Debating whether he should pursue ‘serious’ music or film composition, “At the end of the day I decided that I prefer to be inspired by images, and to be moved by narrative and to be able to transform my own emotional responses into music. The thought of writing so-called serious music,” he admits, “filled me with a degree of dread.”
The appeal of assignment-based work within the film industry suits Partos’s sensibilities as a composer. “I like to have a purpose and a brief. I do not feel that the world needs to necessarily hear my music, but I am drawn to solving problems musically… much like a person might be drawn to doing a crossword puzzle.”
Of all the projects Partos has worked on, he cites HBO’s 2018 adaptation of Fahrenheit 451 as his most satisfying.
Written in collaboration with business partner and Mystery Road composer, Matteo Zingales, the score is “an electro/acoustic” fusion devised of a unique palette of sounds. “It incorporated sounds like chair scrapes — which later became violin notes; toilet door groans that became booming brass notes; and rhythmic tapping on a desk that evolved into intense percussion beds.”
Recording with a “full string section and brass record made this score truly epic and inventive,” though Partos recognises, somewhat ironically, it is one of his largest works to have gone largely unnoticed. There were some perks therein, however: “being flown by HBO to New York for the mix and attending the midnight screening at the Cannes Film Festival made the hard work worthwhile!”But of course, the one film I was most excited to ask about was Accidents Happen.
Days after landing in Australia after that flight over ten years ago, I rushed into the nearest music store and hunted the shelves for the film’s soundtrack — which I still own to this day. Its tracks make regular appearances in my study playlists and I am, in fact, listening to the album’s charmingly melancholy opening track “BBQ Misadventure” right now.
Partos’s involvement in the film began once the film had been greenlit by another one of his business partners, the director Andrew Lancaster. As Antony recalls, “It required a specific score that needed to have a sense of irony, playfulness and inherent sadness… all simultaneously!” This was obviously no small feat, with the film’s editor [Roland Gallois] unable to find a temp score of pre-existing music to set the tone as the footage came together.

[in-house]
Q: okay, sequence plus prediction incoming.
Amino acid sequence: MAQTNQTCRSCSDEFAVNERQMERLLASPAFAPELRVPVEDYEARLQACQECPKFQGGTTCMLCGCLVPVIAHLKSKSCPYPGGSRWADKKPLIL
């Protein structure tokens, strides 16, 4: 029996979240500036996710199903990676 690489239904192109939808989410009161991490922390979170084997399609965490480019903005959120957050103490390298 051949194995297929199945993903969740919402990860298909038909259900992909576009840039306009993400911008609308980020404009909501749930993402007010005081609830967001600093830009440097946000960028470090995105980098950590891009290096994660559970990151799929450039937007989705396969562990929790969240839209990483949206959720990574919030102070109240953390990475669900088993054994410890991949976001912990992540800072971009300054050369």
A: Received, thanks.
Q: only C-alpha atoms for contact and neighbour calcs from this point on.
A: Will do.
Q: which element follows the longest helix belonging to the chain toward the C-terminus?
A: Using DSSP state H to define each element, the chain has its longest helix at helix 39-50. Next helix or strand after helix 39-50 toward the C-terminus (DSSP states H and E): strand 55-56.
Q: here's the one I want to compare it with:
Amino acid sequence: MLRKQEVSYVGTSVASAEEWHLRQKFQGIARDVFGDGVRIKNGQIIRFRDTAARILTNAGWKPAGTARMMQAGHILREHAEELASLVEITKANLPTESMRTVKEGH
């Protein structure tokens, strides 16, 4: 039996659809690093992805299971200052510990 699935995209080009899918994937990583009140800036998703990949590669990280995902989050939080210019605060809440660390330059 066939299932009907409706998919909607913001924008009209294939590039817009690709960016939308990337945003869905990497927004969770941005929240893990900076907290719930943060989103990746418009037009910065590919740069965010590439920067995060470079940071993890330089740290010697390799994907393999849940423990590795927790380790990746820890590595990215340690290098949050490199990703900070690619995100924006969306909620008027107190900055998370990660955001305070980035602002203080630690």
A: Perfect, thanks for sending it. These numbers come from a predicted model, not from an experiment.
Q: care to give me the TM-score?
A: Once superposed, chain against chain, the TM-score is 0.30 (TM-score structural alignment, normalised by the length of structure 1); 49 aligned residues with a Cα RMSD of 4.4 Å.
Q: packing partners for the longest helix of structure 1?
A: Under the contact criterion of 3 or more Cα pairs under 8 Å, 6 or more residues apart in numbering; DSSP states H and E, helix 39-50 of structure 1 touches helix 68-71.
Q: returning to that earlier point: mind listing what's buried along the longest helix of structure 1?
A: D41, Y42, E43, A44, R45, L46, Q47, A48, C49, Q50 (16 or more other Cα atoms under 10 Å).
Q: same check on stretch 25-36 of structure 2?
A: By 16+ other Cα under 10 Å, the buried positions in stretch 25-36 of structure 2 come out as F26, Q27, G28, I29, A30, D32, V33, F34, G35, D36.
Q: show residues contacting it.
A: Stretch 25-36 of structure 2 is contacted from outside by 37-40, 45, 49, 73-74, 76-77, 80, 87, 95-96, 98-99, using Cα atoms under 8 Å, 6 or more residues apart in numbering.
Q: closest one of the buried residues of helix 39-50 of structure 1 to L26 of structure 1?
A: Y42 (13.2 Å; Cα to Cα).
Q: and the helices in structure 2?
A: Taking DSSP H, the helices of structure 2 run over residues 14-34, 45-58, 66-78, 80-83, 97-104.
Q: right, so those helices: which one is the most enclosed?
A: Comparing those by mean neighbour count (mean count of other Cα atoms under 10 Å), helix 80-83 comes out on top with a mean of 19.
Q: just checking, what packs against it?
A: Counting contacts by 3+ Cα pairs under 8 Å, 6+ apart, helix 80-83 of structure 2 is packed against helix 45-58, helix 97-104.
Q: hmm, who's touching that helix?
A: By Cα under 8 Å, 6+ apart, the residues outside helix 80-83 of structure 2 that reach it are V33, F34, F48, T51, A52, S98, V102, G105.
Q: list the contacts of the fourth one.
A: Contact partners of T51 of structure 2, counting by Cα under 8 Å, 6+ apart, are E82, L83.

“The film is a black comedy, but has grief as its backbone,” Partos explains. “The opening theme is one of overt optimism that tries to paper over the first of many accidents in a way similar to a fixed grin.” Orchestrated with a dense body of sonic textures, the fluffy plucking of harps and tooting of flutes rising above a strong swathe of strings — especially in the closing half of the gently beautiful track “Conway’s Accident” — Partos says “the music employs many different techniques that pull on one’s emotions.”
For a film that traverses between coming-of-age drama and black comedy, Partos found the correct tonal balance by “exploring the idea of creating a sense of stillness, but with a latent undulation of movement in the orchestration. Low sub notes produced the effect of making people feel more emotionally vulnerable, and high-pitched frequencies put them on edge. I like to think of myself in this regard as an emotional manipulator — but only in a musical sense.”
As all art is informed by the artist’s sense of place, by their response to the events unfolding around them, I asked Antony if he felt there were an innate sense of ‘Australianness’ within his work.
“Australian sensibility rather than identity play a part in my work,” he says. “The way one writes for an Australian production versus an American one is quite different. If one were to put a large orchestral score under a normal Australian drama, it would come across as being over the top.” This is where those Aussie sensibilities come into play, because the way productions are shot down under, and the stories that are told in general, differ from those made in the US of A.
What leads to “more understated scores” within Australian cinema is the “distinct quality of our sense of humour. Having said that, no two projects are the same, and the way I approach each project is different as well. I feel very fortunate to have been able to carve out a successful career in Australia, and although I will never be a household name, I am grateful to be offered so many of the more interesting projects being developed here.”
Yet, in typical Antipodean fashion, Partos doesn’t reserve any lofty assertions of greatness. He feels, if nothing else, simply lucky to be here. “There is never a time when I feel necessarily worthy of being offered a job. My first reaction is always, ‘They should have gone with a real composer!’. This is my honest gut-felt emotion and it’s only because I know that this happens every time that I manage to convince myself that I can take it on.”
Yet, despite any anxieties as to whether his inspiration may just one day dry up, Partos has faith in the future. “Good projects always do inspire and great filmmakers seem to have a level of trust.”
Main Image: Image courtesy of Roxy Withers, Sonar Music